TSA Ends Airline Laptop Ban

TSA Ends Laptop Ban

On Monday, the United States Transportation Security Administration (TSA) ended the airline regulation that prohibited carrying laptops and other electronic devices into an airliner’s cabin. The directive required that all personal electronic devices larger than a smart phone be checked in and stored in the cargo hold as baggage. The temporary ban applied to airliners headed to the United States from certain Muslim countries. In addition, it only applied to direct flights and not flights with layovers in non-affected countries.

In March TSA issued a directive based on intelligence information. The agency believes that terrorists latest tactics include hiding bombs in the cases of electronic devices disguised as batteries and other components. The notification gave nine airlines serving ten airports in the Middle East and Africa, eight countries in total, only 96 hours to comply with the ban.

Cellular phones and necessary medical devices were exempt. Laptops, tablets, cameras, DVD players, and handheld games were not allowed in the cabins of affected flights. The ban applied to everyone, regardless of citizenship.

The previously affected airlines included:

  • Royal Jordanian Airlines
  • Egyptair
  • Emirates
  • Etihad
  • Kuwait Airways
  • Qatar Airways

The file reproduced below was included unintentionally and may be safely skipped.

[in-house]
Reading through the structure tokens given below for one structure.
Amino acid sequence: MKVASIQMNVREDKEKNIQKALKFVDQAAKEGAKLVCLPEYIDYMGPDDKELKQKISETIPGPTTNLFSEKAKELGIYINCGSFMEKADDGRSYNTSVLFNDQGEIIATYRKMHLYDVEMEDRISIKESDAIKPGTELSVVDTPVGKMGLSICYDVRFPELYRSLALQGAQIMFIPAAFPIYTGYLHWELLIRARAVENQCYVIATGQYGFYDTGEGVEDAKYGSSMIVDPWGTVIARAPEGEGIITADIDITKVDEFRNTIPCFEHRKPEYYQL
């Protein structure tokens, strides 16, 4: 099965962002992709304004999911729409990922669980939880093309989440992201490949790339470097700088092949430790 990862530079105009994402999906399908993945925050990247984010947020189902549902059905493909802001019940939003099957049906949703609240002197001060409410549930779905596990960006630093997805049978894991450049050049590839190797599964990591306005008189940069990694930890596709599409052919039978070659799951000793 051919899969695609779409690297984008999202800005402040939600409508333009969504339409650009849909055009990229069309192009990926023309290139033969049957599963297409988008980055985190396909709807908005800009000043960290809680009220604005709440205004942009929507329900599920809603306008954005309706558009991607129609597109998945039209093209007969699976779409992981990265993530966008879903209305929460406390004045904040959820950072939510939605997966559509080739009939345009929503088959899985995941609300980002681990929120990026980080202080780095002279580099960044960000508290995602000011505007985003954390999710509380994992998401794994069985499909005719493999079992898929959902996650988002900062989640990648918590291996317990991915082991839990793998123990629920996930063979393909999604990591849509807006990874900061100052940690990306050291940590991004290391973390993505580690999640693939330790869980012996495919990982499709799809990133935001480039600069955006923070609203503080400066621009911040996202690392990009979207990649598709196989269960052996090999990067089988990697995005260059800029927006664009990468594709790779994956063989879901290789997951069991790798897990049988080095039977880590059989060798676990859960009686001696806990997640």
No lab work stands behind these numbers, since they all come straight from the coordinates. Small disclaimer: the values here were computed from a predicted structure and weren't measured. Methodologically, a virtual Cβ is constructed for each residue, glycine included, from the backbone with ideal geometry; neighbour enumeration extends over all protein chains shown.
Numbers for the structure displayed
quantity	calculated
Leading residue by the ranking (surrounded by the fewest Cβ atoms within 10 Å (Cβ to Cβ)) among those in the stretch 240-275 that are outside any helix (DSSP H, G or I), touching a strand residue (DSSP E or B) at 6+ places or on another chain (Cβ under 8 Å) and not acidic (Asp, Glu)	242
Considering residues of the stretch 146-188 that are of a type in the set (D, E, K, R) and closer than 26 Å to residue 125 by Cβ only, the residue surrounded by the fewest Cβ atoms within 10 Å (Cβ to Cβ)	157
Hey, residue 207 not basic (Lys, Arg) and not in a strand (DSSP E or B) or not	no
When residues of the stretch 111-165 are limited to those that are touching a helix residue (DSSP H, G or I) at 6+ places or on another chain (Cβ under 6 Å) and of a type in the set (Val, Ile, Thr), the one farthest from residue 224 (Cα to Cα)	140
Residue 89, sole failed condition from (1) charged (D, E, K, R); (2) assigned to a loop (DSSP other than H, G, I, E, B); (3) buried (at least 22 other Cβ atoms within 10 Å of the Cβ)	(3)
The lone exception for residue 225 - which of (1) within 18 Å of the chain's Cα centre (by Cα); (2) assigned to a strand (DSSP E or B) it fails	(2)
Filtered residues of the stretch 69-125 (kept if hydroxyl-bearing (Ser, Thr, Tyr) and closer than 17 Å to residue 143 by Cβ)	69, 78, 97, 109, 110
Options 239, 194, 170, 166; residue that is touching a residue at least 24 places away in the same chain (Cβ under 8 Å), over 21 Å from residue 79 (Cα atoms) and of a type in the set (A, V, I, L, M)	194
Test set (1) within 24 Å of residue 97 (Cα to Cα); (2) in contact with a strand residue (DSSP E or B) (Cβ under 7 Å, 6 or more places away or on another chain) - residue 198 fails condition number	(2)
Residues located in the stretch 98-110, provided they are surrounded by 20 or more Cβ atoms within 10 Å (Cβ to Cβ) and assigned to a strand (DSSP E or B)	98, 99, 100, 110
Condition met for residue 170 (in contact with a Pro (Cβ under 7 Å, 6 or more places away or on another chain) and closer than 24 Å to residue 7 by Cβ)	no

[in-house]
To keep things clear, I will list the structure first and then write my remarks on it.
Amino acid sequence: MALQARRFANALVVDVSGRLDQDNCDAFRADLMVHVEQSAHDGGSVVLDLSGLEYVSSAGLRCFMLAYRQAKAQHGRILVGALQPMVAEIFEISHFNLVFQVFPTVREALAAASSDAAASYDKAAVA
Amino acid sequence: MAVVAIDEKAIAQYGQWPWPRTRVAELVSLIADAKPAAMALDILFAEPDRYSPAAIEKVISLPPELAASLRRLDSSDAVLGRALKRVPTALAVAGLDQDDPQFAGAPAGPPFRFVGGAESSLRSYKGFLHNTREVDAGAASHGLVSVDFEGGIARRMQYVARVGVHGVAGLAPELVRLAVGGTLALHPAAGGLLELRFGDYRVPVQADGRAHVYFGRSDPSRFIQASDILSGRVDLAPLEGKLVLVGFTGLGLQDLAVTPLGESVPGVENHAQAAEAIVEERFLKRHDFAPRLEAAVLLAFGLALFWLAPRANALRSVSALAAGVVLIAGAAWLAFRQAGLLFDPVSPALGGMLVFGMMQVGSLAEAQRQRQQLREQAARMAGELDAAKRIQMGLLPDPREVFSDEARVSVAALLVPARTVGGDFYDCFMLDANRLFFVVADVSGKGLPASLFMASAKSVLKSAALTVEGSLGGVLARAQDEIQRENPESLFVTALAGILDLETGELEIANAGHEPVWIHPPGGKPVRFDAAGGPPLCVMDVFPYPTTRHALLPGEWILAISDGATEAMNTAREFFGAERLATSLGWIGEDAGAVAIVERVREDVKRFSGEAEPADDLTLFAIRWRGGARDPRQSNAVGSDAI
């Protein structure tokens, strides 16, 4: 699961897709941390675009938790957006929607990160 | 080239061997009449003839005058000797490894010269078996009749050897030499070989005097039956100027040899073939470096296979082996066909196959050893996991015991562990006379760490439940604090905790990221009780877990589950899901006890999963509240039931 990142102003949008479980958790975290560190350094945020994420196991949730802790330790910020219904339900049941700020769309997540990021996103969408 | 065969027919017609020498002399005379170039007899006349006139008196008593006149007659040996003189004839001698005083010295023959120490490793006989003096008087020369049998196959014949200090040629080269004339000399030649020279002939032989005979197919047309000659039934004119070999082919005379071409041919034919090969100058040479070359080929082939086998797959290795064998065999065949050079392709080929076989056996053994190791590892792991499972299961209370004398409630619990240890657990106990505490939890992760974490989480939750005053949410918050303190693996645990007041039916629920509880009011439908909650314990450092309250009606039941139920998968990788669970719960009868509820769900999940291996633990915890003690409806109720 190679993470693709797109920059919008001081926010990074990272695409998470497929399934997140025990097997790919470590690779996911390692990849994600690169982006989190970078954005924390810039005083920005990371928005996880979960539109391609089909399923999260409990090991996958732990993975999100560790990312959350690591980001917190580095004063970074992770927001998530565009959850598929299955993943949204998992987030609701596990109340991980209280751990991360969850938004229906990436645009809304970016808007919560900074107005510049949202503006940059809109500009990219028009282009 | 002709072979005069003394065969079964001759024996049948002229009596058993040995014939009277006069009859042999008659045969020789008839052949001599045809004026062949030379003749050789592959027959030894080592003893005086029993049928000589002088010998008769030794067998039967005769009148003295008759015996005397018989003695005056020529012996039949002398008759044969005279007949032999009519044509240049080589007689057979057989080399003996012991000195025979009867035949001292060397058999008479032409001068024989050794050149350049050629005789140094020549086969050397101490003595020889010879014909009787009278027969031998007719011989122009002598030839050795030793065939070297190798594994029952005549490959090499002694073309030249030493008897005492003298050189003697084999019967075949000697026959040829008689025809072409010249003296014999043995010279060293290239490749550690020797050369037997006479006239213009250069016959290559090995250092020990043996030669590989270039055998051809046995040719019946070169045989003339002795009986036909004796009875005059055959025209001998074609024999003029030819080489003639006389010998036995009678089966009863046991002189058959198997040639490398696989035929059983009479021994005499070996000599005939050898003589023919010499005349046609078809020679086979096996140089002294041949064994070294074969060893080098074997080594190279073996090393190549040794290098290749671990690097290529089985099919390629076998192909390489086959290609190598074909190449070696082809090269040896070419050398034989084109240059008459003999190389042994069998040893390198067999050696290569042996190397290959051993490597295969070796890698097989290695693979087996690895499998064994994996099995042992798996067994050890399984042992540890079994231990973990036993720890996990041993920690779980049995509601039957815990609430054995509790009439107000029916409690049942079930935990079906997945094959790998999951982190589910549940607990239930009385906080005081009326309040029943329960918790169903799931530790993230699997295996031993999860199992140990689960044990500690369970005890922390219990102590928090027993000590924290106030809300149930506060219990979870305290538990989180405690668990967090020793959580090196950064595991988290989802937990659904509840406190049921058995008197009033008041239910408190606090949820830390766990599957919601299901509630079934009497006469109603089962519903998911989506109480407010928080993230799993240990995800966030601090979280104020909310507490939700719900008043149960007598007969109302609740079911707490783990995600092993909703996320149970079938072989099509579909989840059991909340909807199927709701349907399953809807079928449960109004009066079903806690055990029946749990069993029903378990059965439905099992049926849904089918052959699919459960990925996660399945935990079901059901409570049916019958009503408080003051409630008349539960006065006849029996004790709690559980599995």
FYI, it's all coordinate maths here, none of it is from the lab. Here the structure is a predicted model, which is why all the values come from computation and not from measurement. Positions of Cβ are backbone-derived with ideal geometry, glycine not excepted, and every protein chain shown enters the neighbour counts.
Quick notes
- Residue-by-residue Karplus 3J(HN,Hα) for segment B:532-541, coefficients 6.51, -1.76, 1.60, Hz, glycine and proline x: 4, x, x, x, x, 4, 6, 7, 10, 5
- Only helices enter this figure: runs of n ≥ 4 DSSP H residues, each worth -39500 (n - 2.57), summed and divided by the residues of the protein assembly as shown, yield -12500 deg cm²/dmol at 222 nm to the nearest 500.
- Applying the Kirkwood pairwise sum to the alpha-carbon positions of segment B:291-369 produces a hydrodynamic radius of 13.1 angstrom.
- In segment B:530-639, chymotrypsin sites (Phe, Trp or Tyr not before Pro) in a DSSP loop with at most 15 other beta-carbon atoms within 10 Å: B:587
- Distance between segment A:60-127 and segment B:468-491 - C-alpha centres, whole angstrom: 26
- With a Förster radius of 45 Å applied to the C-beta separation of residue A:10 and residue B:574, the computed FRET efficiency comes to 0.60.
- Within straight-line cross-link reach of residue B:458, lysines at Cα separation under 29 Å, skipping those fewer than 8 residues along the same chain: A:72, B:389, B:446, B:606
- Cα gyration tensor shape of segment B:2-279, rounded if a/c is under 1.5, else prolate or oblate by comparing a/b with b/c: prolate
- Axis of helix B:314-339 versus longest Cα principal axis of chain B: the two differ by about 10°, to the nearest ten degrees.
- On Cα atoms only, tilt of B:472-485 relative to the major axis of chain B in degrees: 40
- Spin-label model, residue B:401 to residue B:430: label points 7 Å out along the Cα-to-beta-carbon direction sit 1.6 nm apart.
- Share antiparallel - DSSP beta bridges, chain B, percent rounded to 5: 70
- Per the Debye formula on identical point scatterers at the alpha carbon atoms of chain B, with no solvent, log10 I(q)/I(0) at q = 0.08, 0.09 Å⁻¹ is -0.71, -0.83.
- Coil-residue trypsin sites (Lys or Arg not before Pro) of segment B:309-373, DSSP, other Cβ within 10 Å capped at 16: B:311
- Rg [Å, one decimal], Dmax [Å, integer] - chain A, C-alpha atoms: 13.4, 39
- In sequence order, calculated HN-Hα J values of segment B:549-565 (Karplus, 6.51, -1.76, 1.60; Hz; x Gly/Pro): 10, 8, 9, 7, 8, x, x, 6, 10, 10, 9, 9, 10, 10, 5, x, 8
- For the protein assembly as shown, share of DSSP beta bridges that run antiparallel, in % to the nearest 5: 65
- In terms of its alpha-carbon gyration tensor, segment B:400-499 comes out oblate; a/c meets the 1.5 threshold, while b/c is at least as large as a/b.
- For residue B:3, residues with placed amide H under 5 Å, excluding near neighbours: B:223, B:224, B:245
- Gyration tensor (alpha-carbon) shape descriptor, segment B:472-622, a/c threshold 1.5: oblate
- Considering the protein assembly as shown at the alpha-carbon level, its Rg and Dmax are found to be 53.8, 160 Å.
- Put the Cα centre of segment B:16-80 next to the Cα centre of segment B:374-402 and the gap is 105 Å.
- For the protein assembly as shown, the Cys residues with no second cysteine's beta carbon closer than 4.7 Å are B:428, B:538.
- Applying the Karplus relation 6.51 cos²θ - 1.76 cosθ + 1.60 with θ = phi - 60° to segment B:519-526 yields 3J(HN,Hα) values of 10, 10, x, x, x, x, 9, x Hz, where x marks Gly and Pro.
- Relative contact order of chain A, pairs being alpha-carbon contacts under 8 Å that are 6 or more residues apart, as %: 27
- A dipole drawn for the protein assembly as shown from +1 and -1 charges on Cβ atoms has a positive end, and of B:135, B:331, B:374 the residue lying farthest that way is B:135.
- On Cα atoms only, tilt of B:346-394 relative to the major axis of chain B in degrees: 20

• Royal Air Maroc
  • Royal Jordanian
  • Saudia
  • Turkish Airlines

The United Kingdom enacted a similar ban, but selected five more airlines and had only four in common with the US list. Because of the ban, a traveler could opt to take a layover in London and then fly to the US with laptop or whatever device in the cabin. Whereas, a direct flight via Emirates Airline would require the US bound traveler to stow the laptop as baggage.

Airlines and airports must increase security measures and comply with new regulations before allowing passengers to carry-on electronics. Initially, when the TSA first announced the ban, the new regulations were not clear leaving airlines questioning exactly what they had to do to allow passengers to use their electronics on bard again. According to the directive, the regulations included:

  • Enhanced screening of passengers and their electronic devices
  • Increased security protocols around aircraft and in passenger areas
  • The use of advanced scanning technology
  • An expansion of canine screening

Airlines were freed from the restriction as they complied with the new TSA security requirements. Not all airports are free from the electronic device ban. King Khalid International Airport (RUH) in Riyad, Saudi Arabia has yet to be inspected for compliance.